Surf over to SecondShelters.com for our month-long editorial luau focusing on the Hawai’ian island of Oahu. I’m on the ground and writing up a storm on the second home potential of the 50th state. We started our coverage exploring the cross-pollination between Berkshire Hathaway Hawai’i and Dallas’ Allie Beth Allman (recently acquired by Berkshire Hathaway Home Services).
In the coming weeks I’ll showcase the most expensive real estate Oahu has to offer as well as some of the most reasonable. I’ve detailed the past 30-years of median prices for homes and condos so you can see the appreciation and pitfalls of owning a patch of paradise.
From new (and yet to be built) condos to decades-old homes in established communities. I’ll be here to cover it all and give you the low-down.
By the end of the month, you’ll be wanting to get lei’d like never before!
Remember: Do you have a secondshelters.com location you’d like to see featured? I travel quite a bit and enjoy poking around real estate. Realtors, have clients who’d like to document their second home journey? Shoot Jon an email. Marriage proposals accepted (they’re legal)! email@example.com
Putting your home on the market means a lot of people are going to tromp through your house looking at your stuff. Potential buyers will peek in your medicine cabinet, try to get a glimpse at the labels on your clothing and check out the invitations on your refrigerator. Your wall calendar and that pile of mail on the counter are enough to tell a complete stranger your life story.
Most folks that come to see your home are legitimate buyers on a mission, but let’s face it, they’re still nosey. It’s human nature. We’re all curious about who lives in a house. Then there’s the odd duck that may not be interested in buying your home, but may be excited to know, according to your prominently displayed wall calendar, that your home will be vacant for two weeks while you vacation in the Bahamas. Oh, and that you have a great concealed wall safe that has been pointed out at the open house as a selling feature.
If you’re putting a home on the market, get smart and stay safe with these security tips every seller should know.
Strong schools make strong communities. It’s no real secret – and if you need a local example, just look at Highland Park ISD. I don’t think anyone can argue that having strong Dallas public schools is bad for their city. I mean, I’m sure someone will argue it, and probably in the comments. But much like good roads, well-maintained utilities and inviting parks, public schools fall under infrastructure.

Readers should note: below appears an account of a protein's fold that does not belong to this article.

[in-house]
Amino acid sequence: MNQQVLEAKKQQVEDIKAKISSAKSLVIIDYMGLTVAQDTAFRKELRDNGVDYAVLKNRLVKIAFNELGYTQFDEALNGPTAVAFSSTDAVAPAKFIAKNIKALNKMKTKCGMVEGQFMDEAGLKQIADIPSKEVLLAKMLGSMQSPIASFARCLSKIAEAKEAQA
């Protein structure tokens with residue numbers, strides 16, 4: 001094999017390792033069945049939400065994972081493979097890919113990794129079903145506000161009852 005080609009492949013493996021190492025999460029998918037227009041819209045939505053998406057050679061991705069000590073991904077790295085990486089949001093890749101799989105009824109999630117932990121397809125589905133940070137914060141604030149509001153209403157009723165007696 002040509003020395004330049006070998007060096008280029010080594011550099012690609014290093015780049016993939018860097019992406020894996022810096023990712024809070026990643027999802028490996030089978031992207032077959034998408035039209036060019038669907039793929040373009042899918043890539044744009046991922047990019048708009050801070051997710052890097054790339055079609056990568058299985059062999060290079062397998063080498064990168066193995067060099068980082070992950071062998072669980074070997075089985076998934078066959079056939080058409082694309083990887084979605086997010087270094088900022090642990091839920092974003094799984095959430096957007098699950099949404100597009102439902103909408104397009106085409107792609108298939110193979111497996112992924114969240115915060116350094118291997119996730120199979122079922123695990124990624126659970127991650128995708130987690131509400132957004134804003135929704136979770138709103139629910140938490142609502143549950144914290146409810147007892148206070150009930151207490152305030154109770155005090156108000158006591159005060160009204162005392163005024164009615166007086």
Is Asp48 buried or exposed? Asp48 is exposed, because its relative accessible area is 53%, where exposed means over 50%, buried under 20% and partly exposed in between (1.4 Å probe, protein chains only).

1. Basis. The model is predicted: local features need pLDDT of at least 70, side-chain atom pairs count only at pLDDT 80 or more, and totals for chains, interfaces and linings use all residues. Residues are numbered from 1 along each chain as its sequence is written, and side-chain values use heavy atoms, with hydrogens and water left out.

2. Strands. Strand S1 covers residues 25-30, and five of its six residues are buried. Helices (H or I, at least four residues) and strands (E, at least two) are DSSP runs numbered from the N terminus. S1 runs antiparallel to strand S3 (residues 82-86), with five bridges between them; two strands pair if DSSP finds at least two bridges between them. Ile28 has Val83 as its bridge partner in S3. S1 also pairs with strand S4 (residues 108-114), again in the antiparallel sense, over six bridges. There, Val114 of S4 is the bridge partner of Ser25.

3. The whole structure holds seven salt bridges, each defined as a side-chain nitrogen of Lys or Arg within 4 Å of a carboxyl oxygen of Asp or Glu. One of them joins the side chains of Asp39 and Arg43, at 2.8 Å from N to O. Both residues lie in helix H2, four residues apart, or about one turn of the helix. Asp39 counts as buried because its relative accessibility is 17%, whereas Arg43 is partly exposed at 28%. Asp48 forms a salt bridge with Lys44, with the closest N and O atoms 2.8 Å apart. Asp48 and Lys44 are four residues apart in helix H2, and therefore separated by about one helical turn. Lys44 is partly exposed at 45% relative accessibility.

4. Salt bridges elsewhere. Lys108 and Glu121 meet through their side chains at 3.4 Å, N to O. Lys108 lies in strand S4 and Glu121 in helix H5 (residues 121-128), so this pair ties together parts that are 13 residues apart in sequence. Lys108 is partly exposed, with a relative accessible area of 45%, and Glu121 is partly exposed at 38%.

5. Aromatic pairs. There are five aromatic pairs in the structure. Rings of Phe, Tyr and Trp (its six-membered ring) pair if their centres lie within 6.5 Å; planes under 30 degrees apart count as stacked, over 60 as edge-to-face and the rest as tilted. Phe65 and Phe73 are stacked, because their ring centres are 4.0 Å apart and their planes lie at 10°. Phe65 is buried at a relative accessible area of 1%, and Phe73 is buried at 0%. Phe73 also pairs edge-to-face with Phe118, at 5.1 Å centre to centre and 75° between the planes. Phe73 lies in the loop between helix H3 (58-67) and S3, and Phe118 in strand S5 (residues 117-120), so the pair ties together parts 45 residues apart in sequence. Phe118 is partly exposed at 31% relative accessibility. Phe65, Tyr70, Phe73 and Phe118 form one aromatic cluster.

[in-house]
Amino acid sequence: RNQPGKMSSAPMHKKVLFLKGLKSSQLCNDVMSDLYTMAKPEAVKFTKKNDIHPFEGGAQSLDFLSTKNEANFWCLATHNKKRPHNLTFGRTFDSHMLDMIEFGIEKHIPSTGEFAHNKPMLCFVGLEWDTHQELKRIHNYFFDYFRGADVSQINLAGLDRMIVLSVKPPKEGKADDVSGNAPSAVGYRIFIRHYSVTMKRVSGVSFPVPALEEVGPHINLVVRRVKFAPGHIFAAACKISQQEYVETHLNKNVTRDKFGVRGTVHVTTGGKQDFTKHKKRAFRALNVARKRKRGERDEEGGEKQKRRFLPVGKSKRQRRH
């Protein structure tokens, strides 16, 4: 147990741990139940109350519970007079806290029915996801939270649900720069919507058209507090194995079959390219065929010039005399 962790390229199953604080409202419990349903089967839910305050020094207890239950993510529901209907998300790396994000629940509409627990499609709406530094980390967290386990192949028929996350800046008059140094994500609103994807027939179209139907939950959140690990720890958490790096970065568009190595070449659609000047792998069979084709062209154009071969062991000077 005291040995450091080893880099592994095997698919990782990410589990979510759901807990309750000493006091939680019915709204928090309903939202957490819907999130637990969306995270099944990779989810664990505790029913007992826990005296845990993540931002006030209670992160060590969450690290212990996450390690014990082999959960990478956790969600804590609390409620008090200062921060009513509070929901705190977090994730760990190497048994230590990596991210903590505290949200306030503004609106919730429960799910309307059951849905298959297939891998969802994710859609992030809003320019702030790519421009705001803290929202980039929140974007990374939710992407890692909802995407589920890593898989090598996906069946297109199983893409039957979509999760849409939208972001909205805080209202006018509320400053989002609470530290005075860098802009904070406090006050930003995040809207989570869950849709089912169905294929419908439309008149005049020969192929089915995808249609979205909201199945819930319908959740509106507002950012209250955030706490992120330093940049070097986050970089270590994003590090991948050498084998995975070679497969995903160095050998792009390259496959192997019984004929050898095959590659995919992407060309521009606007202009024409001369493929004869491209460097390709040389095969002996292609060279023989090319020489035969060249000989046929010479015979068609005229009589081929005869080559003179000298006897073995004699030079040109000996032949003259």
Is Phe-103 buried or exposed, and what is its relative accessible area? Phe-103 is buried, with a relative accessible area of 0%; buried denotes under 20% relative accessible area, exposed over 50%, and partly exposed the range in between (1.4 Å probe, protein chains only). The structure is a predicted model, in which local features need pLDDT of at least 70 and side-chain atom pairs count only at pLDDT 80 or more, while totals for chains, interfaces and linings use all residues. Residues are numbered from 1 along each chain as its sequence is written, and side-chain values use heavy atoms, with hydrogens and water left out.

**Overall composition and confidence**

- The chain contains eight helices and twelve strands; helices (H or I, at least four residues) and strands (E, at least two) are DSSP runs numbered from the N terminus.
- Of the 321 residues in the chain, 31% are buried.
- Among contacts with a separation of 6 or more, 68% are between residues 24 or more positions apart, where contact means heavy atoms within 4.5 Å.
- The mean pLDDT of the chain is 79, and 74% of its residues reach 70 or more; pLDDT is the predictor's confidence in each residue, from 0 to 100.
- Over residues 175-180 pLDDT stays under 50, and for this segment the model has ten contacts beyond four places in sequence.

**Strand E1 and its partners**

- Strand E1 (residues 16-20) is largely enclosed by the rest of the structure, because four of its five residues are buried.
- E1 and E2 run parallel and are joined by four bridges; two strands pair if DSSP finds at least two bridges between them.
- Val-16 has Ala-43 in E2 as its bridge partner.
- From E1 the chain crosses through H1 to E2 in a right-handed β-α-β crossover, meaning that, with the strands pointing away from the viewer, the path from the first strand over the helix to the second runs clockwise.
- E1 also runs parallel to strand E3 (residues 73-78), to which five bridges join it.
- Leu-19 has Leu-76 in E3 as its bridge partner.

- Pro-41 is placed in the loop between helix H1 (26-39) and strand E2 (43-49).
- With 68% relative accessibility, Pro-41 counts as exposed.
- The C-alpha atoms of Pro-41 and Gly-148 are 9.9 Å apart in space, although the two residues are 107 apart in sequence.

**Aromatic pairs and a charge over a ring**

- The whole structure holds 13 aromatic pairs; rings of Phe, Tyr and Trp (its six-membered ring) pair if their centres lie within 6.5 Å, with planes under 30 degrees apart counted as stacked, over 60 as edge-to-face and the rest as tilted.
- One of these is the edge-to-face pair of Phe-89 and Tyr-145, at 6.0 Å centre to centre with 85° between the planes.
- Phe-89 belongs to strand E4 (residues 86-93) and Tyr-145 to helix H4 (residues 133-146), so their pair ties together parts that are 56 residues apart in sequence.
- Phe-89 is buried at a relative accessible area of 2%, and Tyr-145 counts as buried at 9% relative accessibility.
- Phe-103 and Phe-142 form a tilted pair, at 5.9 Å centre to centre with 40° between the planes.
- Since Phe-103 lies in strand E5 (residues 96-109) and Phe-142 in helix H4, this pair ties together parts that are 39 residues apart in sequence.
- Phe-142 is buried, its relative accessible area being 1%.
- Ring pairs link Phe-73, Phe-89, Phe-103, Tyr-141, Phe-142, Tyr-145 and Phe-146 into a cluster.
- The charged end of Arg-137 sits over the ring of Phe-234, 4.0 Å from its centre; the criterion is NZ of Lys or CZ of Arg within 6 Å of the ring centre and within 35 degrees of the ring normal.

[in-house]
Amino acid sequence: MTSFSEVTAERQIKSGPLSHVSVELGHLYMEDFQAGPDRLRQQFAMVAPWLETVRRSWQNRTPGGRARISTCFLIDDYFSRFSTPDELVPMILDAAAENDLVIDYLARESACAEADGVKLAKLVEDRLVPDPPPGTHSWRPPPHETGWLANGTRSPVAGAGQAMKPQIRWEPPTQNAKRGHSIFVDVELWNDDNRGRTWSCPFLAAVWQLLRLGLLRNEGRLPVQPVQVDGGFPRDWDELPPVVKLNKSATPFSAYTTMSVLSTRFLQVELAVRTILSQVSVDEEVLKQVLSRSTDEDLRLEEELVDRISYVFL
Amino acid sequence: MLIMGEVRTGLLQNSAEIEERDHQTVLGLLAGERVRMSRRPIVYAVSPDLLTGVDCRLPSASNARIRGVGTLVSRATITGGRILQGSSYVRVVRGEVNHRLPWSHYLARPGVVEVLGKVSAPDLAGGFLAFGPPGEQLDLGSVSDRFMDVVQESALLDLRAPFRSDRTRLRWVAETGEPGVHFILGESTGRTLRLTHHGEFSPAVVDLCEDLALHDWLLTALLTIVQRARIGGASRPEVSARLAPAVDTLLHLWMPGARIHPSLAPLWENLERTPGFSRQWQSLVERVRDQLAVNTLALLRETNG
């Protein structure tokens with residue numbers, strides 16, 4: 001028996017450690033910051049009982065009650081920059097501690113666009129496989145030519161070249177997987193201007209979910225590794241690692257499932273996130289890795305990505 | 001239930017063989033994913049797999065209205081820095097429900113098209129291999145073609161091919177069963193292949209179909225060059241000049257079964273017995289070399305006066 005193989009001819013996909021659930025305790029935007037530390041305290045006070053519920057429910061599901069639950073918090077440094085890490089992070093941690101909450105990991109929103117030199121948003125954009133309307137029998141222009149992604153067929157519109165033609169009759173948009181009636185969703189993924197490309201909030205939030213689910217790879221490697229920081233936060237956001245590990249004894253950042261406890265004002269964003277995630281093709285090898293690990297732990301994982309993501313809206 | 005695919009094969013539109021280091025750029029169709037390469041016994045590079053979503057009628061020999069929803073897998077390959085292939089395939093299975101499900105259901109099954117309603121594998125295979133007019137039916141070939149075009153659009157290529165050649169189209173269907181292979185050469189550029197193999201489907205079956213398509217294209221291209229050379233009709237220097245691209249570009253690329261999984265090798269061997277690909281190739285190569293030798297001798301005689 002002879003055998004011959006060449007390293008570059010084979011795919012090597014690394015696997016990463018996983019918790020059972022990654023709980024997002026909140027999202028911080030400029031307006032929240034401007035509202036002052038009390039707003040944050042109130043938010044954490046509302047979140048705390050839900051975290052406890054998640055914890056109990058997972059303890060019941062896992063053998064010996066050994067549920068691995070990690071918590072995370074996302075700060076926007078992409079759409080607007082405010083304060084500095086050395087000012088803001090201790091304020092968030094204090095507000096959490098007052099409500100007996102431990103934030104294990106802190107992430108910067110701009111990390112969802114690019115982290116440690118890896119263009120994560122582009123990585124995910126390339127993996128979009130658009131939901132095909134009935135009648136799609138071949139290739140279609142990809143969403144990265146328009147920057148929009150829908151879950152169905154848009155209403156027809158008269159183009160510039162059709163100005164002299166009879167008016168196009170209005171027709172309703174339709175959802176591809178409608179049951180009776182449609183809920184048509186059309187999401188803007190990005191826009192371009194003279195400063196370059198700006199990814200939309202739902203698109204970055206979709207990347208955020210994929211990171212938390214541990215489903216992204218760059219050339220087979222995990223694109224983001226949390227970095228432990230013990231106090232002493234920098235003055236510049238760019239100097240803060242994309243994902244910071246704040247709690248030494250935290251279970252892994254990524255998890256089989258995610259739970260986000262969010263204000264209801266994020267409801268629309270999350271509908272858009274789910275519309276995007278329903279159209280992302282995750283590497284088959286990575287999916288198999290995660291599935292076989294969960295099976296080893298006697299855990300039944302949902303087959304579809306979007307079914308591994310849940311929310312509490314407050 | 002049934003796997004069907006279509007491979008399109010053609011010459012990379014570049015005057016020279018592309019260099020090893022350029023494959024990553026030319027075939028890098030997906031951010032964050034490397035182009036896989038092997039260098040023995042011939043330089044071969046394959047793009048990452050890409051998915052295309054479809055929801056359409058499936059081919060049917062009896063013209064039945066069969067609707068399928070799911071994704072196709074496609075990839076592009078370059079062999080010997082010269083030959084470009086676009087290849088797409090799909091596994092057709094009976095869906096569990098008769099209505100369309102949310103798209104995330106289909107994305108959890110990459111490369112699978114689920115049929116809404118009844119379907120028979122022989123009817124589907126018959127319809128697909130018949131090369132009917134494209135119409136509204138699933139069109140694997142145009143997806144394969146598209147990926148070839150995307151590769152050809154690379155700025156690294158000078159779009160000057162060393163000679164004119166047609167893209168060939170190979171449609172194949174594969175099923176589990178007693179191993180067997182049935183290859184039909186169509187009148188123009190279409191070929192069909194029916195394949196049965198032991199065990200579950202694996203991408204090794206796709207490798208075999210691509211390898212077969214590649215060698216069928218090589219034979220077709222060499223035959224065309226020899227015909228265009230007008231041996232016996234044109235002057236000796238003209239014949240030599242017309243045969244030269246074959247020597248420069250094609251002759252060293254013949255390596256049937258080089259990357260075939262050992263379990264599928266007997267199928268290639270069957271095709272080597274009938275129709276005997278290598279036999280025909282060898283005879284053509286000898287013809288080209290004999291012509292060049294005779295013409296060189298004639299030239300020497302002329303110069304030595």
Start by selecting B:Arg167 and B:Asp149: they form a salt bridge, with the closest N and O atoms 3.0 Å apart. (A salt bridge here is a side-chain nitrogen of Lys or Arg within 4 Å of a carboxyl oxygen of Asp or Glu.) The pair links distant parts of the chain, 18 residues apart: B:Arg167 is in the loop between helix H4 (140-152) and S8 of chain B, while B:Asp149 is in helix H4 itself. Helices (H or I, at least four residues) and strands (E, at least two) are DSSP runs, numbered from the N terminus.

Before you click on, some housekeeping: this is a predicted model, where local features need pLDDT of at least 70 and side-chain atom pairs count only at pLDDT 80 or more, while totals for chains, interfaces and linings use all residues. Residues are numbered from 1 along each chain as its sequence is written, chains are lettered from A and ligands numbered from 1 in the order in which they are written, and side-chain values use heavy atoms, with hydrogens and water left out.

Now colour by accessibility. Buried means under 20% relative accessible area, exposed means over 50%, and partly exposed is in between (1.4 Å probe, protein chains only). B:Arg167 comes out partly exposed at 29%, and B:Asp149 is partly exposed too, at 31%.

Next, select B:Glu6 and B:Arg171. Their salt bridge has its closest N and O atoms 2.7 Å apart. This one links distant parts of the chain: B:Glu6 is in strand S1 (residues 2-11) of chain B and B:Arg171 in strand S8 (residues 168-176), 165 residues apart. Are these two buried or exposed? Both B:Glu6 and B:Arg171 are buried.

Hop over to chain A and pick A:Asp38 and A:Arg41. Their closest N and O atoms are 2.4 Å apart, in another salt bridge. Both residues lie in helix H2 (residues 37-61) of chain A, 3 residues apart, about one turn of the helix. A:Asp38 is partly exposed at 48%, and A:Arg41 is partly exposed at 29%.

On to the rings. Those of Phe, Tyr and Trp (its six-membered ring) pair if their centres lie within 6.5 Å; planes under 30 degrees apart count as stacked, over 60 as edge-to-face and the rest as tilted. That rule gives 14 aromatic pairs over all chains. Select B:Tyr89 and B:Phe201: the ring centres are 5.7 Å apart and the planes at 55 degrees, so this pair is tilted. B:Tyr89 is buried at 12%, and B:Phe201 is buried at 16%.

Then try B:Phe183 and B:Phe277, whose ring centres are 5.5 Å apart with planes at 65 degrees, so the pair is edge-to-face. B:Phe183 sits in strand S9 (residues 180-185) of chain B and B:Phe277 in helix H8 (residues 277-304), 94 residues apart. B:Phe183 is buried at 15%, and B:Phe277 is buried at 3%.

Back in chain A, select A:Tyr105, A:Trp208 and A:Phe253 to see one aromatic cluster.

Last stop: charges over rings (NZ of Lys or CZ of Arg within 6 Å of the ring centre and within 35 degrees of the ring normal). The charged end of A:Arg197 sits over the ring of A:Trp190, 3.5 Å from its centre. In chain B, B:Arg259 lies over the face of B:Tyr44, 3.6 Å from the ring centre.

And yeah, I know we all know what it feels like to hit a giant pothole and mentally calculate the time remaining on your suspension, or come home to find the water is turned off because a main broke in your neighborhood. Those things are thanks to deferred maintenance.
But the difference between potholes and water main breaks and public schools is that public schools can grow stronger in spite of their communities, or thanks to them. The latter makes the growth and improvement speedier, I would wager, though.
I hope you relaxed as much as I did over the holidays. There really wasn’t much choice, was there? Our yard is so soaked with rainwater it probably won’t dry out until December of 2016. Even the dog doesn’t want to go out, and she has a turf yard for potty time. Shopping? I hit my computer on Black Friday. No way I was going to brave the crowds, traffic AND torrential rain. That’s why Al Gore invented the internet. (Guess I wasn’t the only one, retailers say Black Friday sales were off by more than a BILLION as people shopped more online than in stores:
Brick-and-mortar stores lost sales and traffic. Online stores gained traffic and sales. And the whole holiday hoopla associated with the long Thanksgiving-Black Friday weekend now seems more appropriate for an earlier era.)